Unfortunately, however, it’s also become a double-edged sword. On the positive side, tweeting and other forms of social networking does bring the fans closer to the players, helping sports men and women develop an individual platform that’s good for business.
PGA Tour Commissioner, Tim Finchem, said as much when I spoke with him recently at the Tour Championship.
“Anything that creates more interest, more exposure, things that people can talk about or relate to, that’s in our interest.” he said.
It's already advantage team USA ahead of this week's Ryder Cup in Wales. Jim Furyk held off the challenge of England's Luke Donald at the Tour Championship to give the Americans' confidence a boost.
After banking the tidy sum of $11.35 million over the weekend, Furyk immediately turned his attention to his country's defense of the trophy.
His success at East Lake in Atlanta was the second biggest win of his career following his 2003 U.S. Open success and once again golf's "Mister Unflappable" showed at the age of 40 he's still very much a formidable opponent.
Arsenal have not won a trophy in five years and judging from their performances in the early part of this season, that drought will most probably last another year. If it does then Arsene Wenger's time at the Emirates Stadium could come to an end.
I know it is too early to make predictions, but I am pretty confident that with this group of players, the Gunners won't be celebrating any silverware by May, 2011.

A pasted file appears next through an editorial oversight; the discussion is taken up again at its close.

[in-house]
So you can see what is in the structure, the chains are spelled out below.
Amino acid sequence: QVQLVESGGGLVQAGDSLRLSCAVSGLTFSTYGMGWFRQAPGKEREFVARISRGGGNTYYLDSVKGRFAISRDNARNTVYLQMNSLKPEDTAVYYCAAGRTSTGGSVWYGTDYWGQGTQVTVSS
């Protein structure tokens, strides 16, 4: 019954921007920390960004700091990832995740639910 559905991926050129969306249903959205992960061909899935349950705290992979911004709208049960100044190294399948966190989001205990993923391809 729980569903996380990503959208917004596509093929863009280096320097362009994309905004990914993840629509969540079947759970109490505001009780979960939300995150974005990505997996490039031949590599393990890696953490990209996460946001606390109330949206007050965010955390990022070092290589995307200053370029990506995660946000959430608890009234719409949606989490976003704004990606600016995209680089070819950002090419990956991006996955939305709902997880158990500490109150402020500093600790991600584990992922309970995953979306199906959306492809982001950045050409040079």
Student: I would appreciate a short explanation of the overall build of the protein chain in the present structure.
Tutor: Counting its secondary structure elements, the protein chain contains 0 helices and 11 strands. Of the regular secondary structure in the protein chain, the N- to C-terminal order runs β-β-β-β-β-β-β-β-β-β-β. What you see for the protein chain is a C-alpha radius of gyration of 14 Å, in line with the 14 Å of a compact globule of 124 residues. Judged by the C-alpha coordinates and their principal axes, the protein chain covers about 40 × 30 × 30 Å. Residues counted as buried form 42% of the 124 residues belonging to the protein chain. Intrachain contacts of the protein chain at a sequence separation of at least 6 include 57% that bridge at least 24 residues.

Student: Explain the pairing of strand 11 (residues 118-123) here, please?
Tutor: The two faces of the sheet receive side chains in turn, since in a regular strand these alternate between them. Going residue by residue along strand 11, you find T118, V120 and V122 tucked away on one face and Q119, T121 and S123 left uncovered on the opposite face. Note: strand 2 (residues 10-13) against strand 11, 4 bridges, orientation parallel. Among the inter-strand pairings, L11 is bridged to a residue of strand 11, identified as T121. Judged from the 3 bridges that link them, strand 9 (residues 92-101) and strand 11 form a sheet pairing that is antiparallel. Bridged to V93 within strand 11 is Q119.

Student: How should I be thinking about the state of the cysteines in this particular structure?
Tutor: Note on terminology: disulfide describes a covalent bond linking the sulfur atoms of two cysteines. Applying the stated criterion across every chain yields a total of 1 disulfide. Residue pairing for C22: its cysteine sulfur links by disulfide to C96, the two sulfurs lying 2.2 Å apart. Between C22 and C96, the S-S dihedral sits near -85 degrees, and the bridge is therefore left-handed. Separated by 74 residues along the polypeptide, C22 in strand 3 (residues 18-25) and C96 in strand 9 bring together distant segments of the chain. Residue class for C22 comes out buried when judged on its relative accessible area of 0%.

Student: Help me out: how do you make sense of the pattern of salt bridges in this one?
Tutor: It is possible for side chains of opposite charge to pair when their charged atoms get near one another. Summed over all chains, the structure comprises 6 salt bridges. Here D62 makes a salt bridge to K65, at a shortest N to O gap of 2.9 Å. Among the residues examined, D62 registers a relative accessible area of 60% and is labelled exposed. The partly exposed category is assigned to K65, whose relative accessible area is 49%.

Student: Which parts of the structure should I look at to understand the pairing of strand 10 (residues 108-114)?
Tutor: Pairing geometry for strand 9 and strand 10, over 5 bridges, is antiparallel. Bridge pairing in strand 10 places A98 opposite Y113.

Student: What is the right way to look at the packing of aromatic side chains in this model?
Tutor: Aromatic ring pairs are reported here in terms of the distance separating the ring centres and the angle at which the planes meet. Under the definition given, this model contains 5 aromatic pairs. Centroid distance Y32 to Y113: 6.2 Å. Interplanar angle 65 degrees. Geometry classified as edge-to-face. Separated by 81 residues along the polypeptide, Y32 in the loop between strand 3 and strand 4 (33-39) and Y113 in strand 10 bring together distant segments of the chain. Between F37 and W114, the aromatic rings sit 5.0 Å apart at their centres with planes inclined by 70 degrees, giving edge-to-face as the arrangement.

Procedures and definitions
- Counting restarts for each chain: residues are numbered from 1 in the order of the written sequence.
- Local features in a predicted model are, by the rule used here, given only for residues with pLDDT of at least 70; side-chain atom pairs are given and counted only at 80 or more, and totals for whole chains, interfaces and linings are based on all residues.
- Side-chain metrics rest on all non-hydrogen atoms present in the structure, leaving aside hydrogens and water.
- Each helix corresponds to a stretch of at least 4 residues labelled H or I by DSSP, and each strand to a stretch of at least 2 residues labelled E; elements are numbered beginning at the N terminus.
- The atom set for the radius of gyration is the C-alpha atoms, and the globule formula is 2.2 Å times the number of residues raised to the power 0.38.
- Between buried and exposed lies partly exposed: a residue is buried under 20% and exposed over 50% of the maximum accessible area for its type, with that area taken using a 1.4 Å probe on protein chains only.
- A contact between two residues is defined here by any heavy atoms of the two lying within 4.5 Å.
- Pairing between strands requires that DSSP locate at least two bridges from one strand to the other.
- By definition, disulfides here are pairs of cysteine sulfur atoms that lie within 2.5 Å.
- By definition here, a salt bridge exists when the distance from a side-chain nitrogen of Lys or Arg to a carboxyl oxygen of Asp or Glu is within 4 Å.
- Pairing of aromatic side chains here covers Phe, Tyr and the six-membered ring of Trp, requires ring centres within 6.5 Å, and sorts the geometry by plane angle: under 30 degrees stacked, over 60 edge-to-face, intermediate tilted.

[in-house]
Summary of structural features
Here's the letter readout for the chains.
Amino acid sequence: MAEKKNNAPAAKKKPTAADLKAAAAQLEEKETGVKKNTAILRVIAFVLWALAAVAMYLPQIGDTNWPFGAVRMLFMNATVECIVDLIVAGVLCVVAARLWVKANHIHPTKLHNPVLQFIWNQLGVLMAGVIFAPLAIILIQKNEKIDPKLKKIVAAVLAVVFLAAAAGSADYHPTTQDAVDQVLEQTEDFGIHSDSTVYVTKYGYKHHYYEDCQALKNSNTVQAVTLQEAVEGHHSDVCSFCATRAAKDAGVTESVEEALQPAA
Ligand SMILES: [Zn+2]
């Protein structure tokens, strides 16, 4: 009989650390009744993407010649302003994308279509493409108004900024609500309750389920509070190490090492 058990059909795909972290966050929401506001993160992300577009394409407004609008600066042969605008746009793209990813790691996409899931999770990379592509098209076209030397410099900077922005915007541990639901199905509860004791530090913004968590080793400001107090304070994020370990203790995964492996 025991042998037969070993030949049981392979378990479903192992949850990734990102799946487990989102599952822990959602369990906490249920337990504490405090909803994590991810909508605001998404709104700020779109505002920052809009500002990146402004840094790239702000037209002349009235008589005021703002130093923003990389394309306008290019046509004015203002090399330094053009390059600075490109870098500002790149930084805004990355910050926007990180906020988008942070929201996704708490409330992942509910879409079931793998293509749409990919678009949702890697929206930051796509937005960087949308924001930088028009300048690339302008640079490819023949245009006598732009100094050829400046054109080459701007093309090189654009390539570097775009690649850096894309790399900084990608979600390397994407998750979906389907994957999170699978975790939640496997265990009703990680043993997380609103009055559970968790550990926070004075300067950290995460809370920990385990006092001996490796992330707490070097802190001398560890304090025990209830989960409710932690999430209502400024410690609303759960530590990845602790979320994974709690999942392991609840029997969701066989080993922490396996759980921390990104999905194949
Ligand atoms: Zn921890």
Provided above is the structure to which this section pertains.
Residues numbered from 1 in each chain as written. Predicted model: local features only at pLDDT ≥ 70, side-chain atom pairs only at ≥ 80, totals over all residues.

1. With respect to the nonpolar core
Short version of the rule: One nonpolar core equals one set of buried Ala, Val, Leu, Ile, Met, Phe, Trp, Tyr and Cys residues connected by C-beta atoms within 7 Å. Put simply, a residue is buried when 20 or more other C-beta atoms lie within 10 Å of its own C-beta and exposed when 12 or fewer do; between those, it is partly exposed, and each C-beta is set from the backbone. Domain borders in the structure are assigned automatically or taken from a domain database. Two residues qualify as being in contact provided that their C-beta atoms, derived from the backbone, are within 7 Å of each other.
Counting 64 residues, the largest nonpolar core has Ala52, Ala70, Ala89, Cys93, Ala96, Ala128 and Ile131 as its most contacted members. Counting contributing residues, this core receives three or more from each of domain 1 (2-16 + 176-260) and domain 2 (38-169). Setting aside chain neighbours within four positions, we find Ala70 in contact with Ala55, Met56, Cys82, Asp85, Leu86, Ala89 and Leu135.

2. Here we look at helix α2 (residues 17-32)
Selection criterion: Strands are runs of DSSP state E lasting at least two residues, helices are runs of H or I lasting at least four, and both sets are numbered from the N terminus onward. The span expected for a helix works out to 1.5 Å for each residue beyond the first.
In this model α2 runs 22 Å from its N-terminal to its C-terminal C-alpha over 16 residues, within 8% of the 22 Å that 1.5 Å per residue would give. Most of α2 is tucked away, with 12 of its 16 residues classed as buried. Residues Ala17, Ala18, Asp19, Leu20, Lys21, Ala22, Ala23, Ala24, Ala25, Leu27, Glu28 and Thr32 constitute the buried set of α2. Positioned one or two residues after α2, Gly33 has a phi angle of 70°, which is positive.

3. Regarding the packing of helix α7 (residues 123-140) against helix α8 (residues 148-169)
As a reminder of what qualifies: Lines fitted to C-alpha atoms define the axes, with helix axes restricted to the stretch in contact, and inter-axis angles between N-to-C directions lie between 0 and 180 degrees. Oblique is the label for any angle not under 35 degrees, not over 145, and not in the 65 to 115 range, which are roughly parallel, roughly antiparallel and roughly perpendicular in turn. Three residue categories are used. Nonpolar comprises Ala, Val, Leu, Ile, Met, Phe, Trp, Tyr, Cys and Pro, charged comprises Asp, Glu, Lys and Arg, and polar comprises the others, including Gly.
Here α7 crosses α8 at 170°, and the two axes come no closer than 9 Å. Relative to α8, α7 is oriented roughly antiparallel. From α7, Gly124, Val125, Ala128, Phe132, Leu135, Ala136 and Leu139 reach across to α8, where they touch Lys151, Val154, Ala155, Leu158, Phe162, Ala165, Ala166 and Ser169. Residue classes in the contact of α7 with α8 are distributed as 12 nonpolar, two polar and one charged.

What baffles me is that Wenger has had several seasons to invest in his squad, but has decided against it. The French manager continues to insist on relying on young players who have won little or nothing in their careers.
When I took the call, it was good news and bad news. “Would you like to interview Manchester United manager Alex Ferguson?” Absolutely. “You’ll only have seven or eight minutes with him”. Not ideal – but still a yes.
Because my CNN colleague Terry Baddoo had already filmed a long chat with United’s boss during their pre-season tour of the United States, we decided to do something different this time.
We appealed for questions from you – the viewers and readers of CNN International and CNN.COM.
Unsurprisingly, we had a great response, via Facebook, Twitter and our website. You sent in your suggestions from North America, Africa, Europe, Asia and the Middle East – proving yet again that football is truly a global game and the sport’s top players and managers, like Alex Ferguson, are world famous.
Some years ago there was a footballer in the top flight of the English game called Vinnie Jones.
A committed hard man, for sure, but also a player who only had to breathe on an opponent to get the referee reaching for his card and the football authorities up in arms in righteous indignation.
It was a monkey see monkey do situation, a self-fulfilling prophecy which played right into the hands of the tabloid media whose stock in trade is negativity.
We see it off the sports field too, with wayward celebrities singled out by the tabloids as the “It” girls or boys.